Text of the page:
Investigations by South Africa’s ombudswoman into a scandal involving a 2020 burglary at President Cyril Ramaphosa’s farmhouse that allegedly found a haul of dollar bills stashed inside furniture could take at least two years, she said Friday.
The scandal erupted in June after a former national spy boss filed a police complaint, alleging that Ramaphosa concealed some four million dollars in cash and arranged for the burglars to be kidnapped and questioned, and then bribed them into silence.
“Ours is not a political calendar,” but “we would like to finalise our investigation before two years,” said interim ombudswoman Kholeka Gcaleka, whose office is known as the Public Protector.
“We must trace leads, involving multiple state organs, we cannot take any shortcuts. It needs to be a legally sound report to stand the test of scrutiny,” she said at a news conference organised for foreign correspondents.
Her office, along with the police, is probing a case which has raised accusations of money-laundering and corruption by the 69-year-old president.
Initially the watchdog sent 31 questions to Ramaphosa, giving him two weeks to respond.
“He asked for an extension, I granted this in view of the magnitude and complexity of the investigation,” said the 41-year-old ombudswoman.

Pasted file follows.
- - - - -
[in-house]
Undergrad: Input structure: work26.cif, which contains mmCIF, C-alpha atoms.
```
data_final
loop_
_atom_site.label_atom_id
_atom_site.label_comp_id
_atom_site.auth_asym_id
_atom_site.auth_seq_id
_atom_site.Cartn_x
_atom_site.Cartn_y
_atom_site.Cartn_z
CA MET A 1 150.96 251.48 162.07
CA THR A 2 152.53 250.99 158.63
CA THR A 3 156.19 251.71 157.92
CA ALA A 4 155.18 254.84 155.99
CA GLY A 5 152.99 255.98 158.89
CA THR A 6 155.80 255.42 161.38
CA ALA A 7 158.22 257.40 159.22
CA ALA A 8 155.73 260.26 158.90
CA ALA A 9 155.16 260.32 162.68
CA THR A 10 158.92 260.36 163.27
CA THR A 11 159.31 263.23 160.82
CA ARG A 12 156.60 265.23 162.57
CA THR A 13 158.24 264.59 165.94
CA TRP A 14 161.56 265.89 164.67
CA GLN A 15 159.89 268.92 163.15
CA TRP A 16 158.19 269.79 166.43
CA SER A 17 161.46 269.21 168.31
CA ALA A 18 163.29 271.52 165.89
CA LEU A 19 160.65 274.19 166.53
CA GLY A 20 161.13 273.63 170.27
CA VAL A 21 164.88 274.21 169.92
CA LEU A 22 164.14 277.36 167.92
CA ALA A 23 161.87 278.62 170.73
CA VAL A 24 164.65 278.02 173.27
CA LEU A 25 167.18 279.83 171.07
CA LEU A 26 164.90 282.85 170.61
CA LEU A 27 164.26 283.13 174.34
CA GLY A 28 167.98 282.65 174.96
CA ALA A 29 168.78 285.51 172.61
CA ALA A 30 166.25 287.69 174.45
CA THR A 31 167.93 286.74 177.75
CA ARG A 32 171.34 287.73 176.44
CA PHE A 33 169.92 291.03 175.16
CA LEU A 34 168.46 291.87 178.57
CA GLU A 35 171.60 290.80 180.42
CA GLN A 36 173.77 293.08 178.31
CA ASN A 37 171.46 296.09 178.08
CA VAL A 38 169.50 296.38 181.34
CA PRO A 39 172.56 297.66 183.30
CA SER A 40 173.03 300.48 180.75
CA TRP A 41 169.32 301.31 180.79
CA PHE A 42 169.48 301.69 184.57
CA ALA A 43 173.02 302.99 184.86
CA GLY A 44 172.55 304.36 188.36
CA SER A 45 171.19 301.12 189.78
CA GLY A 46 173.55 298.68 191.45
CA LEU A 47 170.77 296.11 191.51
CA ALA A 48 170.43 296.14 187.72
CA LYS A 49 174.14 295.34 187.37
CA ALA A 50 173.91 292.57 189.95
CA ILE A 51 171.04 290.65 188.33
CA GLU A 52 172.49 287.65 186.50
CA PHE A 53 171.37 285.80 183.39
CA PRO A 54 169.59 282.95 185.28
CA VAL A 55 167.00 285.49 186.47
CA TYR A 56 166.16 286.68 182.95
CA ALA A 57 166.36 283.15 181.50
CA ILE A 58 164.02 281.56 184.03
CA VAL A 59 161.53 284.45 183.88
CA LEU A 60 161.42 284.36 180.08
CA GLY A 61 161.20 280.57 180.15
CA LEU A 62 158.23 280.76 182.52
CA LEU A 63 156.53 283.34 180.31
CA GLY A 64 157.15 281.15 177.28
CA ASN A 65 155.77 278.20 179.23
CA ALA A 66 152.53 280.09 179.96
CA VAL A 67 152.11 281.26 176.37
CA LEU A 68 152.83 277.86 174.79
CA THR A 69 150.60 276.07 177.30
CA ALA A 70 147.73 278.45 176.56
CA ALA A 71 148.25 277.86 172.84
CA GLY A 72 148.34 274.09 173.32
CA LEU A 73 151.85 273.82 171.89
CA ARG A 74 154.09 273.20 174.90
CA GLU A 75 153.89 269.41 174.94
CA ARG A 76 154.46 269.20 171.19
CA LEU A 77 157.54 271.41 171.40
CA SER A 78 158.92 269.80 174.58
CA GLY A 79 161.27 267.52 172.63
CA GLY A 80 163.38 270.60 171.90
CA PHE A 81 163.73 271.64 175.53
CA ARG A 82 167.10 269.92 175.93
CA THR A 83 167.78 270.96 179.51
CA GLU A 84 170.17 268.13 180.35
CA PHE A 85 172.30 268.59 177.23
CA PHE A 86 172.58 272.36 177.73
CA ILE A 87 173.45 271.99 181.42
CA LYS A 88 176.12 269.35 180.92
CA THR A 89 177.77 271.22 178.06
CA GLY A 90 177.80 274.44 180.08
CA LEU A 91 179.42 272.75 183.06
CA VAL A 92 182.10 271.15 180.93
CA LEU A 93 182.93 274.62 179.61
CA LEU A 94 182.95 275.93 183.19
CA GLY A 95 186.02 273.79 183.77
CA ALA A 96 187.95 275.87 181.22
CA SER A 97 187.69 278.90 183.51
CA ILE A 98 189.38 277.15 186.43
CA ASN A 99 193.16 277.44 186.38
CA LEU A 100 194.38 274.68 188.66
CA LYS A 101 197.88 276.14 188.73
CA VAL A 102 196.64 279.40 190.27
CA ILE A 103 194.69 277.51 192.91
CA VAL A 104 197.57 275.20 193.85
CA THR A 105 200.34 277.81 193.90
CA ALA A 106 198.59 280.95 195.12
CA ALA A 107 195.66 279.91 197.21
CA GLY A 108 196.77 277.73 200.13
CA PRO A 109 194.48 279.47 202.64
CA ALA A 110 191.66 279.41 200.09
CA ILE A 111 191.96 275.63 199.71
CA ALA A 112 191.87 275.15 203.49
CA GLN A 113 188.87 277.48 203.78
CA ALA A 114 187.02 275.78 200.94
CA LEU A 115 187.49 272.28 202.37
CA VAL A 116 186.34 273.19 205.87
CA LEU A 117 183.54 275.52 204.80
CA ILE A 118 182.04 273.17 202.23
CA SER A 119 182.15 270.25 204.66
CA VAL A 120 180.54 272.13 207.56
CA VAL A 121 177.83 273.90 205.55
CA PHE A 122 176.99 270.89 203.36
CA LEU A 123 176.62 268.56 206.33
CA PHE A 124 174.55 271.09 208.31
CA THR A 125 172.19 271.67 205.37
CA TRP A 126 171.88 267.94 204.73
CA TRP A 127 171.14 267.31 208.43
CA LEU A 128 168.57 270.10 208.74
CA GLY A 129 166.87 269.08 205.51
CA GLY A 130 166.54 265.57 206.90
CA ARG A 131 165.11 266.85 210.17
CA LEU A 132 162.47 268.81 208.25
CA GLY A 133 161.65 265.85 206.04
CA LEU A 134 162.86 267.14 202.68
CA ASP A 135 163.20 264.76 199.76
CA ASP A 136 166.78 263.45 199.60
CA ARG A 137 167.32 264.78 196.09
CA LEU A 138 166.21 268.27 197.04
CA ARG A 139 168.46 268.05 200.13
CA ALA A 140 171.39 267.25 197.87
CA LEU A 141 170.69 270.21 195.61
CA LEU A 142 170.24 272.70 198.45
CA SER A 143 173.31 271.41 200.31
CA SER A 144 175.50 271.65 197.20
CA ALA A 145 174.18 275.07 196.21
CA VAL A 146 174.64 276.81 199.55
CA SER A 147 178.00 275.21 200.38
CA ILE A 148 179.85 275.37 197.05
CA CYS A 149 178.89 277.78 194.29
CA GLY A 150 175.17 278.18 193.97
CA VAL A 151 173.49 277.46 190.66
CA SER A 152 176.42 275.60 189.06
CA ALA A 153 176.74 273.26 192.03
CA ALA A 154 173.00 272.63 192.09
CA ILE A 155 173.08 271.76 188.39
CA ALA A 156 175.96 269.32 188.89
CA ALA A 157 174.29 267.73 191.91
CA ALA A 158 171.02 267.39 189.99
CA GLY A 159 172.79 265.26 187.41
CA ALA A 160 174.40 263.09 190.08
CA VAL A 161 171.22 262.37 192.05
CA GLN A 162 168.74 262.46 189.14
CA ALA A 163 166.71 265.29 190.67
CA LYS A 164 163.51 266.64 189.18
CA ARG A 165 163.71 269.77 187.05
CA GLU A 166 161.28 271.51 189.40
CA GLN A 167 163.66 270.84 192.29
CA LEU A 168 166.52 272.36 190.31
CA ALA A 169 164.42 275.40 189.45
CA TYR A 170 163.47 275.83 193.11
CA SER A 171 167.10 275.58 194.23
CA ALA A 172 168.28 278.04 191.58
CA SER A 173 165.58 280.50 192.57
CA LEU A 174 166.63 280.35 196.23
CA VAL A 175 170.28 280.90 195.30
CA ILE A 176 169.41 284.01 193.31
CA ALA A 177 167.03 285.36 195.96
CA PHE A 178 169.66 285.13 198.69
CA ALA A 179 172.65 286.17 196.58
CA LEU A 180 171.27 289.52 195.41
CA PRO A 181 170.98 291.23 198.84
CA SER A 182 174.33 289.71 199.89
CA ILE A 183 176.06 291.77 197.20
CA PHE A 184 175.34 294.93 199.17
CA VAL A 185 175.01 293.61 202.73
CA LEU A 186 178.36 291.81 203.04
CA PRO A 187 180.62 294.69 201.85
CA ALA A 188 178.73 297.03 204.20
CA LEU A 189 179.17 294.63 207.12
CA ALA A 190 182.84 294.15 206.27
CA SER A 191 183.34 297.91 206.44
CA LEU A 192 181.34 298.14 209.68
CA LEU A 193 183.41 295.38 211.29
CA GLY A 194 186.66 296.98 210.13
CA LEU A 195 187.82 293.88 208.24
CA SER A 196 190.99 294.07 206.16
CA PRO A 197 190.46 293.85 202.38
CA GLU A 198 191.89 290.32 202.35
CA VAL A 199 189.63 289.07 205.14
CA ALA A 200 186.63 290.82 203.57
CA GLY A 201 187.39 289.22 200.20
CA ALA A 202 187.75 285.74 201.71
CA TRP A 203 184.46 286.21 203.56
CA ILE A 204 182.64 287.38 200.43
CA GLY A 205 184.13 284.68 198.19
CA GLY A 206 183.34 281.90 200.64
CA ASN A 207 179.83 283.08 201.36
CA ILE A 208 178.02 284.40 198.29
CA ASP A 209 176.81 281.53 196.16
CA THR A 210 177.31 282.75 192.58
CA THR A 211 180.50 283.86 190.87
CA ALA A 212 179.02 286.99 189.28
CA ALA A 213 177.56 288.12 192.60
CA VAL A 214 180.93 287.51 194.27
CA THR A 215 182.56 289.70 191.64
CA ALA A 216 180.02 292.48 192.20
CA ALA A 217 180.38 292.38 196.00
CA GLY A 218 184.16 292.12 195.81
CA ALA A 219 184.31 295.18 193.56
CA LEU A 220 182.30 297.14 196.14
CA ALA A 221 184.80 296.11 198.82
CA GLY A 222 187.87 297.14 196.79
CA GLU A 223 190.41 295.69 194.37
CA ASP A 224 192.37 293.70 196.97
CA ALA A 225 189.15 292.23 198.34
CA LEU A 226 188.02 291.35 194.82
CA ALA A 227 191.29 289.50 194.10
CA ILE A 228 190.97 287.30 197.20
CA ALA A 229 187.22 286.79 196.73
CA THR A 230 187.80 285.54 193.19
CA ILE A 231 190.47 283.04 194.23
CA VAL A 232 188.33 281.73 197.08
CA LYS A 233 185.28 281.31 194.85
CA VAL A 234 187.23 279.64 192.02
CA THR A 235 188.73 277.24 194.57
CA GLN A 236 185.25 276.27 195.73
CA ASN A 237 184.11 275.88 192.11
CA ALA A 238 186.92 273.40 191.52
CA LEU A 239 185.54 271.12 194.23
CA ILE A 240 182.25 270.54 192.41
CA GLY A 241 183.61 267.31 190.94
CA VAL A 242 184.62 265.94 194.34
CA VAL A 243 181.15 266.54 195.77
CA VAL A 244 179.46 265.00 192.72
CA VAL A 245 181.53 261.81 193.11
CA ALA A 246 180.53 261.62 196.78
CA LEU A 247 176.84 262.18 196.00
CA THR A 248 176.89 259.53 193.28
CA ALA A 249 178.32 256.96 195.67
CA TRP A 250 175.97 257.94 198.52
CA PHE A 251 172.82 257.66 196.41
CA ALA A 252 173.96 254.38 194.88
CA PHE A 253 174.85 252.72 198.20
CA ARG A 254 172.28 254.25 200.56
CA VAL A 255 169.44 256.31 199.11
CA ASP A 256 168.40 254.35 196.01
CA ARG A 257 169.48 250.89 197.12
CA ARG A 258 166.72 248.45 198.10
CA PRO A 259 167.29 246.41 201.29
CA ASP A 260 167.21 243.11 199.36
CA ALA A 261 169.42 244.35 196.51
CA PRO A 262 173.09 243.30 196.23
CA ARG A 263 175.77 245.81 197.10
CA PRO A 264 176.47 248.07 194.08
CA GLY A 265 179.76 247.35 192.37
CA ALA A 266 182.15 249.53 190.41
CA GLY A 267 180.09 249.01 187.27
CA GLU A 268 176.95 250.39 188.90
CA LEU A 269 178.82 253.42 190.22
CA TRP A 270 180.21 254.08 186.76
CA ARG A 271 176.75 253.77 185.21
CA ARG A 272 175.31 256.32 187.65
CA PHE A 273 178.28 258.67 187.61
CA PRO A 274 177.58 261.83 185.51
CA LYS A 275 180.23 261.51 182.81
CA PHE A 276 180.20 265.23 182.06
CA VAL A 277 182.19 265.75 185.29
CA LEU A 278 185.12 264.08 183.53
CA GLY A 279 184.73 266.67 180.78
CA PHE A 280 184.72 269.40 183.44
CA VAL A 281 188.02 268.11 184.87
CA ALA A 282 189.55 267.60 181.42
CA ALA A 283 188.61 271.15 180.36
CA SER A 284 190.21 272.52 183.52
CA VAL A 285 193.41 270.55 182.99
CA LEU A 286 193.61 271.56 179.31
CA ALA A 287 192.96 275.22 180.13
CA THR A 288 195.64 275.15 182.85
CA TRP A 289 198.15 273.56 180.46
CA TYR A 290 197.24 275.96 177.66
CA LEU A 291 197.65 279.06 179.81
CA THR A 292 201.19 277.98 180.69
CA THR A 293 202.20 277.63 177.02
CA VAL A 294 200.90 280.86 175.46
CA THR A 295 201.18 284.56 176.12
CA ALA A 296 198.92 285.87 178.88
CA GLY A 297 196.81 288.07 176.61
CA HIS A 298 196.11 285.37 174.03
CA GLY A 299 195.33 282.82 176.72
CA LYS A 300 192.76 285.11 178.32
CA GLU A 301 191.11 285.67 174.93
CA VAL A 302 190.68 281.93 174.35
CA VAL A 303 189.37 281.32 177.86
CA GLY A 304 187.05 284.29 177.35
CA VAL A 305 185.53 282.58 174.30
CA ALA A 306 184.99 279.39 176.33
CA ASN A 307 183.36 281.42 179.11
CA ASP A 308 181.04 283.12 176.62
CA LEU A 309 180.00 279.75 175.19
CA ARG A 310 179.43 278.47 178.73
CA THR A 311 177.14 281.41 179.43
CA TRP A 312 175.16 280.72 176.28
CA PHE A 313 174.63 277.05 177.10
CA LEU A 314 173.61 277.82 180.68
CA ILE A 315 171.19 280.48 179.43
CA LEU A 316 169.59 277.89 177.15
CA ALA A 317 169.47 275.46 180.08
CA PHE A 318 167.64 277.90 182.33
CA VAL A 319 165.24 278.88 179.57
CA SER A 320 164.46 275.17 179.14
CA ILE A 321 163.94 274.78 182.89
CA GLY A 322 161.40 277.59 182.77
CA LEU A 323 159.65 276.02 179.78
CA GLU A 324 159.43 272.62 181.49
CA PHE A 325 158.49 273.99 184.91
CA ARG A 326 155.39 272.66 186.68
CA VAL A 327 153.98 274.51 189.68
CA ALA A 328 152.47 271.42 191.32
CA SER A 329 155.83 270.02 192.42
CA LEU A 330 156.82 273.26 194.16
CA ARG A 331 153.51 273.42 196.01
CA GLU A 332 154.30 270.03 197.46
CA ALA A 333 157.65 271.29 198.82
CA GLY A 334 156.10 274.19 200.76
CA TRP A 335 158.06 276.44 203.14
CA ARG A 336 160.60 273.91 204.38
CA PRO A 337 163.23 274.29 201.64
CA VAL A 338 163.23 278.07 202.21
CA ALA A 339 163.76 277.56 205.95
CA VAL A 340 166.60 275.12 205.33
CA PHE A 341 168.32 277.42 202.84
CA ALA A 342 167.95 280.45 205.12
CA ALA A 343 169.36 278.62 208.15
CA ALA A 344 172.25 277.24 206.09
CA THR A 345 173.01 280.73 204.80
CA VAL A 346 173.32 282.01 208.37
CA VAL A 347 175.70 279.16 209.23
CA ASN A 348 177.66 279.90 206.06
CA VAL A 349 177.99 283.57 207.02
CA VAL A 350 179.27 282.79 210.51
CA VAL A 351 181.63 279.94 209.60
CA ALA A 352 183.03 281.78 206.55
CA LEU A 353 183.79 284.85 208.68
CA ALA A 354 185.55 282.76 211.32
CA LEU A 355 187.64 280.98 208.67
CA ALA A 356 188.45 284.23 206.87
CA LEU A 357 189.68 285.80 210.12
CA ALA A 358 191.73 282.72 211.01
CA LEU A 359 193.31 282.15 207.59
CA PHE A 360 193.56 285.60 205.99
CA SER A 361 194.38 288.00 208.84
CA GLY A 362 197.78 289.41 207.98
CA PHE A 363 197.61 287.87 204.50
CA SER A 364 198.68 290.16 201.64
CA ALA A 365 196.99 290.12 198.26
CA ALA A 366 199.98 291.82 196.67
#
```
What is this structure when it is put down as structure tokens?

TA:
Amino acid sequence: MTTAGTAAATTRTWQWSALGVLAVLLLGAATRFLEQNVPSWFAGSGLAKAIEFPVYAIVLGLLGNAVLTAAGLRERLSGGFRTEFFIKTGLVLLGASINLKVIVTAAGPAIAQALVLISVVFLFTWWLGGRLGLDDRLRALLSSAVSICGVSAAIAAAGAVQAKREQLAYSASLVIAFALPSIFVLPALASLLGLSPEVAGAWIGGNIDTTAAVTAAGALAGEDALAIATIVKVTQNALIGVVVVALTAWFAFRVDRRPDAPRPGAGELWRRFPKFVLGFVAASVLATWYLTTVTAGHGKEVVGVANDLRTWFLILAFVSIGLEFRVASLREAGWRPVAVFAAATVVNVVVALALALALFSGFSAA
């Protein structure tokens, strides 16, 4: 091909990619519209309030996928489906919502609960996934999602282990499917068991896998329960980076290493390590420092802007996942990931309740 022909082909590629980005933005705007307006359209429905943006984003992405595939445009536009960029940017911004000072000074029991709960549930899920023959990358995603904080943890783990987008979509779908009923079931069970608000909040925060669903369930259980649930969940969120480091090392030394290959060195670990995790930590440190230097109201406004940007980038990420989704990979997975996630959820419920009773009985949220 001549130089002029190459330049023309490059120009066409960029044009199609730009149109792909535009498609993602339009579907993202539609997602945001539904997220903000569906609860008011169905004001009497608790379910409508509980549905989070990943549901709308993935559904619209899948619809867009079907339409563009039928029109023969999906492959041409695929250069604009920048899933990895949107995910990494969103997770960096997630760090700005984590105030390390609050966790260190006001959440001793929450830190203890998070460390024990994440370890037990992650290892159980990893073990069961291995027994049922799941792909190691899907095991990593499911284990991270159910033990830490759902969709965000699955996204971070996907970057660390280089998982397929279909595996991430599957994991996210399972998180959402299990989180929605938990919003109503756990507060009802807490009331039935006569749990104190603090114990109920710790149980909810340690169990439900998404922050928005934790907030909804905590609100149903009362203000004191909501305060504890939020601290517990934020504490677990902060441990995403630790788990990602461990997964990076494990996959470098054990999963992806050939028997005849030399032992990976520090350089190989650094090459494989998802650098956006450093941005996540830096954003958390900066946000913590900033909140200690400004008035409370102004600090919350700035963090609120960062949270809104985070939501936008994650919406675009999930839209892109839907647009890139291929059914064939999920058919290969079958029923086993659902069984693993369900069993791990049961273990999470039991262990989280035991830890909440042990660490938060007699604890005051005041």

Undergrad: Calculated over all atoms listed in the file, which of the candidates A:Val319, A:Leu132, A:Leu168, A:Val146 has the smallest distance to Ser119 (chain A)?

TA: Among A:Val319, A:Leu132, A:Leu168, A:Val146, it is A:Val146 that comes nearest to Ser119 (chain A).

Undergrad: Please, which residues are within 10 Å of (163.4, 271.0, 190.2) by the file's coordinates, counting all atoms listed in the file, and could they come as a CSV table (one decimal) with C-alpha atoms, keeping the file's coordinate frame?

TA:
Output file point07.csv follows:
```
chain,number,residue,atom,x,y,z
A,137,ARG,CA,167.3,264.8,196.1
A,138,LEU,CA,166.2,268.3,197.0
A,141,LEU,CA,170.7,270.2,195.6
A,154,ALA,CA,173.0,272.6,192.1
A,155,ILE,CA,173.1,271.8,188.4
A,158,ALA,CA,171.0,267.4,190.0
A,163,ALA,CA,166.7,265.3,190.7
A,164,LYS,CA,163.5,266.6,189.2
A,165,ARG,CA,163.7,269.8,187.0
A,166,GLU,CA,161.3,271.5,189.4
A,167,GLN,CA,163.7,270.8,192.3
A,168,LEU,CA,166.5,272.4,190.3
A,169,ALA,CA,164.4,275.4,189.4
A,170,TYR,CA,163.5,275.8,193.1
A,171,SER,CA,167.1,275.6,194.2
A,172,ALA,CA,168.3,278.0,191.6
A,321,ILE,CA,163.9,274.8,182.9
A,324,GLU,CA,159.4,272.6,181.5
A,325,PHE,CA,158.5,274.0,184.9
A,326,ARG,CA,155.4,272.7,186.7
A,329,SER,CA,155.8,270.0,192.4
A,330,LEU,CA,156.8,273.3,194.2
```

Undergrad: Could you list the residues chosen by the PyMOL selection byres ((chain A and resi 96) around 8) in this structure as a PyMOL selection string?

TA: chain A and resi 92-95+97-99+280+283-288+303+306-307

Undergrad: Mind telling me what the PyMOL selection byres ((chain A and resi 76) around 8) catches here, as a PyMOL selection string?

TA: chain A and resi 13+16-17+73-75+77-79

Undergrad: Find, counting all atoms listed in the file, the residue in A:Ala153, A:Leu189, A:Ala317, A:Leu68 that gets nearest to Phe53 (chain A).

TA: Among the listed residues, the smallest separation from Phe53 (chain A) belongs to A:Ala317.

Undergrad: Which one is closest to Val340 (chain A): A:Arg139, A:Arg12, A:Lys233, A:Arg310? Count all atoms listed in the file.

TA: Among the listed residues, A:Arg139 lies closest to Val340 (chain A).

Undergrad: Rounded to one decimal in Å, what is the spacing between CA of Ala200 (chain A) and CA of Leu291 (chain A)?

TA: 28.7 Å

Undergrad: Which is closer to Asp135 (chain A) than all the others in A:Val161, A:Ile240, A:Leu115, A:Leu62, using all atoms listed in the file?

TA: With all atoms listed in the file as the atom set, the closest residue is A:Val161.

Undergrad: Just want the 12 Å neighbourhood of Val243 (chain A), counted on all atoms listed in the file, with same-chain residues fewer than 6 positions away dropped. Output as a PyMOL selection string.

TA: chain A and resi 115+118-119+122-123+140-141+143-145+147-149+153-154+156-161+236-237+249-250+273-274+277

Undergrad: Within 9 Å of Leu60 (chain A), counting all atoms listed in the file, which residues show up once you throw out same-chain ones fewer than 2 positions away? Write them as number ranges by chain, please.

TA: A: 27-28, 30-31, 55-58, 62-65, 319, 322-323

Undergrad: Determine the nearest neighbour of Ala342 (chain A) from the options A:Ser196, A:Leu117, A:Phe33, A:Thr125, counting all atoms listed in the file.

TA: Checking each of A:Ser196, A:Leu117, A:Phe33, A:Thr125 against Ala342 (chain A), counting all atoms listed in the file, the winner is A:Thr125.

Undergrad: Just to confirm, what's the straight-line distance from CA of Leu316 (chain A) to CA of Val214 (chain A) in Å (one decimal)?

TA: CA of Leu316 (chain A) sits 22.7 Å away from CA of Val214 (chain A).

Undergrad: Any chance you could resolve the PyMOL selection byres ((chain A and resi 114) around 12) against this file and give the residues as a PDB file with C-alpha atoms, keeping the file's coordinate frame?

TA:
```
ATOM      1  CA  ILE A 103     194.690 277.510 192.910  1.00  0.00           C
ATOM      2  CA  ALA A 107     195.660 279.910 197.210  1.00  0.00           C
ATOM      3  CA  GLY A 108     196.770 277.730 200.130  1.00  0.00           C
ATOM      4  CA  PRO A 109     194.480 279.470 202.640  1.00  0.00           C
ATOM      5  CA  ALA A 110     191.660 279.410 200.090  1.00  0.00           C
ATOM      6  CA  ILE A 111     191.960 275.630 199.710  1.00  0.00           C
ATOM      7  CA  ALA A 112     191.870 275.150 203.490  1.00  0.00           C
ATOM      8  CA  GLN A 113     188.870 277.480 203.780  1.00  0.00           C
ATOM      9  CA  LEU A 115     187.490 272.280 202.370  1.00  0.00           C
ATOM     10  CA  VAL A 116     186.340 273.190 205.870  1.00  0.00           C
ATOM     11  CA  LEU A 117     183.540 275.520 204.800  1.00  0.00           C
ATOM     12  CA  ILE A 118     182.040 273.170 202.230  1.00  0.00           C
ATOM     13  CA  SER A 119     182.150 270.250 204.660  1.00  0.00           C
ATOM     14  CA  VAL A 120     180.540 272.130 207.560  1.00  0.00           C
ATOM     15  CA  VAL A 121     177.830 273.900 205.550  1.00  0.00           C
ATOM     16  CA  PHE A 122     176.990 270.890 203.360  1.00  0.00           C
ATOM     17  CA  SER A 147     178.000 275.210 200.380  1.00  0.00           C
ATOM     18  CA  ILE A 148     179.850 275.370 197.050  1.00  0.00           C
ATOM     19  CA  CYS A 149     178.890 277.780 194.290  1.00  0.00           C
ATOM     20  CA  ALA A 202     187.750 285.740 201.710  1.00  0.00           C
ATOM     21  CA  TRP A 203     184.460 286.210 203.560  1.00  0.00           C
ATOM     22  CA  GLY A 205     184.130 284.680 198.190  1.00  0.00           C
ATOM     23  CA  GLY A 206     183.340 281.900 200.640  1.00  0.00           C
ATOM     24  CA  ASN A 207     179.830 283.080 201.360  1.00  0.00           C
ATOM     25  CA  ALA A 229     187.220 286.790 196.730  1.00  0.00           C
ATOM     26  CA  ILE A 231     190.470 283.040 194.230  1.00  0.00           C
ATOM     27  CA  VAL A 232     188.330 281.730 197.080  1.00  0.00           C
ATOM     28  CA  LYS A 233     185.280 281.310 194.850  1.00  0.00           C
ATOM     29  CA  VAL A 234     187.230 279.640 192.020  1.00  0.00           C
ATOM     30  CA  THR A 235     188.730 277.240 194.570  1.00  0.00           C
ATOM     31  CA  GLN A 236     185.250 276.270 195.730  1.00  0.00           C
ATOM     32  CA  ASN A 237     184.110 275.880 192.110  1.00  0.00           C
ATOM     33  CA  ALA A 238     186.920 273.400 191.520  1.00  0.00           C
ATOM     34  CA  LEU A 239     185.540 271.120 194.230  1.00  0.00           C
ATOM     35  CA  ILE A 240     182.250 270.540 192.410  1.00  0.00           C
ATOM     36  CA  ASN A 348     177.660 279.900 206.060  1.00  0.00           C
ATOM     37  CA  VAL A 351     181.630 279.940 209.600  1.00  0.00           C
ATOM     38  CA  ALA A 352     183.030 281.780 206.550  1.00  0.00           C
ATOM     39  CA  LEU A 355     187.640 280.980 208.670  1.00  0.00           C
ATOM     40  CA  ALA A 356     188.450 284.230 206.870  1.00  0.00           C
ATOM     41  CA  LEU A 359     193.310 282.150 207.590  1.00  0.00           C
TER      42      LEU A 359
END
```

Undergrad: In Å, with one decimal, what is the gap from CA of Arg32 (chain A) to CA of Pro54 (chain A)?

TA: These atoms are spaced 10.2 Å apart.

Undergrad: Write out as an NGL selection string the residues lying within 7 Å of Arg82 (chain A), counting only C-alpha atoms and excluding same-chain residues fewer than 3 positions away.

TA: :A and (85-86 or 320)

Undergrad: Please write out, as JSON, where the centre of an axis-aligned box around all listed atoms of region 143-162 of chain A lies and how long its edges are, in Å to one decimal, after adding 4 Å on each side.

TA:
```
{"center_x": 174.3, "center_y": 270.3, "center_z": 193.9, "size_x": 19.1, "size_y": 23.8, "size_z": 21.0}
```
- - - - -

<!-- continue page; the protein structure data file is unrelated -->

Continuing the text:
Two investigators in her office are dedicated full-time on the probe, she said.
The public protector’s office is an independent state institution provided for in the constitution.
It investigates and reports on “any misconduct or malfeasance within the government with no fear, no favour or prejudice,” said Gcaleka.
The farm saga has brewed into one of the biggest storms in Ramaphosa’s career.
The former trade union leader and business tycoon rose to the presidency in 2018, benefiting from a graft-free image after the corruption-stained era of his former boss, Jacob Zuma.
He is expected to seek re-election as leader of the ruling African National Congress (ANC) at a crunch conference at the end of the year.
A special parliamentary committee last week started investigations as to whether the scandal renders Ramaphosa liable for impeachment.
He has acknowledged that a burglary took place but denies kidnapping and bribery.
He has also disputed the amount of money involved and said the cash came from legitimate sales of game from his animal-breeding farm.